Former Governor Eliot Spitzer's bid for political redemption fell short on Tuesday night. Once heavily favored in the race for City Comptroller, the former sheriff of Wall Street was licking his wounds after his loss to Scott Stringer. NY1's Zack Fink filed the following report.
It was the political comeback that wasn't. Voters rejected former Governor Eliot Spitzer's bid for citywide office, five-and-a-half years after he resigned as governor over a prostitution scandal.
"For me, politics was never a profession. It was a cause," Spitzer said. "It was a calling to serve and to try to fight for those issues that we believed in."
Spitzer got into the race late, but early polls showed him with a commanding lead. However, as voters got to know his opponent, Scott Stringer, through a series of TV ads, Spitzer's support began to wane.
"I am proud to have run a campaign over the past nine weeks that many people thought was incapable to mount from the very beginning, when we had to gather petitions, but we did it in a way that made me proud to revisit the issues we fought for when I was attorney general and governor," Spitzer said.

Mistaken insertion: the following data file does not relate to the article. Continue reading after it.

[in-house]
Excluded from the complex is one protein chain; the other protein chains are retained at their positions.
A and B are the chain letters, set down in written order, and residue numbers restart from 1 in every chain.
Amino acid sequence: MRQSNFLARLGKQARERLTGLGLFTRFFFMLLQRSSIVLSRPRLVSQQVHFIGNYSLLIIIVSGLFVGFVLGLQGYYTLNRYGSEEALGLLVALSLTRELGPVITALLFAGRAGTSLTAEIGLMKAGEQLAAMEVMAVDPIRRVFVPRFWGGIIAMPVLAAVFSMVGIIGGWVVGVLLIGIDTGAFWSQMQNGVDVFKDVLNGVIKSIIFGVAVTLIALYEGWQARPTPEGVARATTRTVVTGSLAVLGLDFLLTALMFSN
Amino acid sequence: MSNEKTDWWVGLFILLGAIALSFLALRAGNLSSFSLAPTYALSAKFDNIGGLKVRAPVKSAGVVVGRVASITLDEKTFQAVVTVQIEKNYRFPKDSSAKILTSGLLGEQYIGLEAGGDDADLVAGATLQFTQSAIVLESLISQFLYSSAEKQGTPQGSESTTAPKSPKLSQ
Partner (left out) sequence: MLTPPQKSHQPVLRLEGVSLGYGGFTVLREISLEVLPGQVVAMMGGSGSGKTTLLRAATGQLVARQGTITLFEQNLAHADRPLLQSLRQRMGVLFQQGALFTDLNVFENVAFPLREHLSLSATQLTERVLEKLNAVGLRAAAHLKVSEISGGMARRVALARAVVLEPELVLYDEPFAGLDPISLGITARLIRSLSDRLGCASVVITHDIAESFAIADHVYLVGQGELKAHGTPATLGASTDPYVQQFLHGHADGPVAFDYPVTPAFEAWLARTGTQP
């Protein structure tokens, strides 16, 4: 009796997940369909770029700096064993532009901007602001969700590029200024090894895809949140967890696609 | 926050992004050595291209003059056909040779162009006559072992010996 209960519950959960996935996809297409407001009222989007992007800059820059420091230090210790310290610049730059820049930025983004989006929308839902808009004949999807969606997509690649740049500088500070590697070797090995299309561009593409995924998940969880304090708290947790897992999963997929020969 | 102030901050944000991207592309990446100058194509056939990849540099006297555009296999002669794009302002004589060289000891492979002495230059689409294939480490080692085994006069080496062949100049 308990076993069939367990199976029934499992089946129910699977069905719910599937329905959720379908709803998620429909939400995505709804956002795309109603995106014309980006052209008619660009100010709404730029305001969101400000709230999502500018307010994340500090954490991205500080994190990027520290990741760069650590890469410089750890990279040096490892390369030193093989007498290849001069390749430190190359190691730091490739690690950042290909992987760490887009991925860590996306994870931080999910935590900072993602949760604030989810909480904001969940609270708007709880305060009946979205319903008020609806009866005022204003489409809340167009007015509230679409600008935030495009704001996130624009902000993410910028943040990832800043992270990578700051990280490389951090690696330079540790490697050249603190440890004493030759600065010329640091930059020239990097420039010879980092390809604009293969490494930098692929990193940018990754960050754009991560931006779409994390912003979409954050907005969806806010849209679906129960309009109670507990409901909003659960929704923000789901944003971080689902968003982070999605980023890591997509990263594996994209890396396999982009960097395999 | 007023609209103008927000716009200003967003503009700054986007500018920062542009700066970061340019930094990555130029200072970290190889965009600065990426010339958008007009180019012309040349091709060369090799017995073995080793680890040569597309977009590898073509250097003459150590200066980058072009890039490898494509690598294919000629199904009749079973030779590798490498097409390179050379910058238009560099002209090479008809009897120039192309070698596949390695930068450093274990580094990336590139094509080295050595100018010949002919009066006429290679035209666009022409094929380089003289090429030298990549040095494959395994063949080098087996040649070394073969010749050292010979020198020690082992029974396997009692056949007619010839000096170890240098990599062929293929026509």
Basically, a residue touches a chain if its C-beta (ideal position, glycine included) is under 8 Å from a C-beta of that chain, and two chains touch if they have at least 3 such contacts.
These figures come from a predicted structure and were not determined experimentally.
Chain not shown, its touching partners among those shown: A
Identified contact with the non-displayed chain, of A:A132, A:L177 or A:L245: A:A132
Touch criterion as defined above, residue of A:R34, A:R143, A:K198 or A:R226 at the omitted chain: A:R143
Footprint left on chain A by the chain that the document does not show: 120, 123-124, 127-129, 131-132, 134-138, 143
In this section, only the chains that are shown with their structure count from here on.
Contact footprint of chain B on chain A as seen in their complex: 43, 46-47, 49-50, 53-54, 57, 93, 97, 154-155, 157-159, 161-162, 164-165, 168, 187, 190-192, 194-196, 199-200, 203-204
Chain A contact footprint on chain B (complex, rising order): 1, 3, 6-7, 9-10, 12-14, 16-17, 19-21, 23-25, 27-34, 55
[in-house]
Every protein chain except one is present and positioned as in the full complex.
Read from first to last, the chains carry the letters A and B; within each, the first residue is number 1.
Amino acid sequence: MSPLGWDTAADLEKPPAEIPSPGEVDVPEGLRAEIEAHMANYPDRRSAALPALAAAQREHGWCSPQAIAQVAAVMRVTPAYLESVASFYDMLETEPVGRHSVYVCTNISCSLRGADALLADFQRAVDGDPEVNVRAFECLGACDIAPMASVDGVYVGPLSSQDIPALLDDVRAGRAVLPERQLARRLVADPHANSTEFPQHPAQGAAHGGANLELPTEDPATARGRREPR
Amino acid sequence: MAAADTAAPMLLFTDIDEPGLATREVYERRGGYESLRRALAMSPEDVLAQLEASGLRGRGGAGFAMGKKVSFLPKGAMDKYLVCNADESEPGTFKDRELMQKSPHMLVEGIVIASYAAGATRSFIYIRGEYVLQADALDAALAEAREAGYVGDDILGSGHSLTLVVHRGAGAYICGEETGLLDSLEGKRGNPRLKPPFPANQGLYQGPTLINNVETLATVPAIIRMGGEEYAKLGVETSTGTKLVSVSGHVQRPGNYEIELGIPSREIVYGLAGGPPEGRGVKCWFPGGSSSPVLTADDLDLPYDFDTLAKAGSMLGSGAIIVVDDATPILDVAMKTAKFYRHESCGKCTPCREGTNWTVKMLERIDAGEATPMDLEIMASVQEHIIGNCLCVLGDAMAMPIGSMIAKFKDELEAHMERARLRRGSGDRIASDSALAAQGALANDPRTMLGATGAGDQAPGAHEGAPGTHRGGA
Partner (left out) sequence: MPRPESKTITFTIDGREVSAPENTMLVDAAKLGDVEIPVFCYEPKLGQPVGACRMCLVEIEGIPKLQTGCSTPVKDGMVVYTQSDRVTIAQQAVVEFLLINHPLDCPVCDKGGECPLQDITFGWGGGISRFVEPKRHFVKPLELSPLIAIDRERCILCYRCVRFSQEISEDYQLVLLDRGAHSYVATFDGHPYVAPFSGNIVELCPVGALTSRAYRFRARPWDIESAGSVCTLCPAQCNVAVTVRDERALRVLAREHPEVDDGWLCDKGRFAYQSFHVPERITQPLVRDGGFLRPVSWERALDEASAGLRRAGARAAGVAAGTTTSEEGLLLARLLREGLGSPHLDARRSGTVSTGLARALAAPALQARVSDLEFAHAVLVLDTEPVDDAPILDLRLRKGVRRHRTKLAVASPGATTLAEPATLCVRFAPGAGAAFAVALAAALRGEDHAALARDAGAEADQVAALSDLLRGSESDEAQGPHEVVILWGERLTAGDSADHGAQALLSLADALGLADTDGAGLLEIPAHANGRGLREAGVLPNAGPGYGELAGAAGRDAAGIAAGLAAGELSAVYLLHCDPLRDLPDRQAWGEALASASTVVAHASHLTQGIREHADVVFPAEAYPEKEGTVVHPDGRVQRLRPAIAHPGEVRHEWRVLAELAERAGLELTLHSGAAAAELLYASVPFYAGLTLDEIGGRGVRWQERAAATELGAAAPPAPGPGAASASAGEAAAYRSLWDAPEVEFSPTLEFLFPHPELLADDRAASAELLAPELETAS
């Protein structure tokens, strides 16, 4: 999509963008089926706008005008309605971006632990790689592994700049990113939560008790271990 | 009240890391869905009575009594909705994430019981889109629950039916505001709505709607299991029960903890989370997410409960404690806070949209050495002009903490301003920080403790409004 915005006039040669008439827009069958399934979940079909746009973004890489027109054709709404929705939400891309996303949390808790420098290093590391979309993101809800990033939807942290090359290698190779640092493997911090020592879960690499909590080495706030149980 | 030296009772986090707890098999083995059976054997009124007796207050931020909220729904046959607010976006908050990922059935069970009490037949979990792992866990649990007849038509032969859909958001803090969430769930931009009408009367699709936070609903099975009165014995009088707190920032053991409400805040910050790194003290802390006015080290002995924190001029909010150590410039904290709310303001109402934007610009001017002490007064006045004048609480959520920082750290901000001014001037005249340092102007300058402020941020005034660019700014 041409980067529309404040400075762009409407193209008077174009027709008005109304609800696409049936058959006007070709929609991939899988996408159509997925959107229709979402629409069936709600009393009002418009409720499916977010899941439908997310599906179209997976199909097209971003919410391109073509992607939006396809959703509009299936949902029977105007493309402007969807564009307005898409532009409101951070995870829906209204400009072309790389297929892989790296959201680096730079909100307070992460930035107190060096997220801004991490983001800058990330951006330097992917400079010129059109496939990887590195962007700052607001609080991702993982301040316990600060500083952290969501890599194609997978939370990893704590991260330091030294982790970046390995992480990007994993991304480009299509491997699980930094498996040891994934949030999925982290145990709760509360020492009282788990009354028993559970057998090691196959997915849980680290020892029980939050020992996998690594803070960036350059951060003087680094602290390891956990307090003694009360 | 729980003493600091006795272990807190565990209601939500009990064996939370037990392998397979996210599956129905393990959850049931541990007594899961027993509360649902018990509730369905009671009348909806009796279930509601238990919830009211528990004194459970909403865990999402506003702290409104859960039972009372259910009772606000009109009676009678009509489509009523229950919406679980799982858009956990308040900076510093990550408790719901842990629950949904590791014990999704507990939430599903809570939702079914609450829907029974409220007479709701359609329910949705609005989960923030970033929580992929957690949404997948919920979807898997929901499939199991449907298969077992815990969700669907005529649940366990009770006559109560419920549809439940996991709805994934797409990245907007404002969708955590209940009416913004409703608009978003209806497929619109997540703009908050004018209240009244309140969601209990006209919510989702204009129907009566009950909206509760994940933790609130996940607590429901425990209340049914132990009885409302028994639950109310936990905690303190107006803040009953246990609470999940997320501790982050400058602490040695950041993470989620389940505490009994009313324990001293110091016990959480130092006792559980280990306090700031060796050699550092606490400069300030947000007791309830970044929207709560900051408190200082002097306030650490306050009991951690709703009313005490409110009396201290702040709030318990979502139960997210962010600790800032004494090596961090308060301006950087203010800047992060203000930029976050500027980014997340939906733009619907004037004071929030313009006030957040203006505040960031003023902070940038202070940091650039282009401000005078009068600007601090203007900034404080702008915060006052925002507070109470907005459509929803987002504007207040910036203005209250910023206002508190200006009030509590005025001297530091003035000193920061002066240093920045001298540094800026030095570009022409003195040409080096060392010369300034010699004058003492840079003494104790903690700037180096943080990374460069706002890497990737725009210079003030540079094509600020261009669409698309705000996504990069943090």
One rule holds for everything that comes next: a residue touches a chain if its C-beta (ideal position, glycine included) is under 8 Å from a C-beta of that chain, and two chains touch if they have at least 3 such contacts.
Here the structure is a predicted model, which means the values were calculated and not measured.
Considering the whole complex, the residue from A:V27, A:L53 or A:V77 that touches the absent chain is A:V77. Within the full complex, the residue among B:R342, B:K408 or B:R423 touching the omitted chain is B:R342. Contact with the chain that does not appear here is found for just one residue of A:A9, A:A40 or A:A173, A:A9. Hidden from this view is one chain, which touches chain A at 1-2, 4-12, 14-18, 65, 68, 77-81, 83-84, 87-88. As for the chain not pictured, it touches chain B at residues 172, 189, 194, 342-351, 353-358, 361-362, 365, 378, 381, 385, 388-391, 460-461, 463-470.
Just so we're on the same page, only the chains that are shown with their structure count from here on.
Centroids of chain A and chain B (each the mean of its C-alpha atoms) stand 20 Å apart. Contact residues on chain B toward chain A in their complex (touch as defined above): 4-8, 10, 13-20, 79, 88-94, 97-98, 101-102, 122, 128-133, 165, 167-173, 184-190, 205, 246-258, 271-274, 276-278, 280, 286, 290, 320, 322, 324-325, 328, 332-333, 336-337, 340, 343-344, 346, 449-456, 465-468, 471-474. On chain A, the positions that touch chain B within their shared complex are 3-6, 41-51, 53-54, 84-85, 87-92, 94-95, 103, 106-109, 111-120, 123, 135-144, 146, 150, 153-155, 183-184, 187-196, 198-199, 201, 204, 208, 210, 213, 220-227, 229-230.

Once a hard-charging governor promising to change Albany, Spitzer ended up alienating members of both parties before resigning in disgrace.
He stayed in the public eye, appearing on television, including on NY1 as a Wiseguy. When he announced his candidacy for city comptroller, it took the political world by surprise.
Spitzer's candidacy set up a stark contrast between someone who wanted to take on the system and a candidate who had the backing of the Democratic establishment. In the end, voters went with the candidate who was not by tainted scandal, marking the second ending of Spitzer's political career.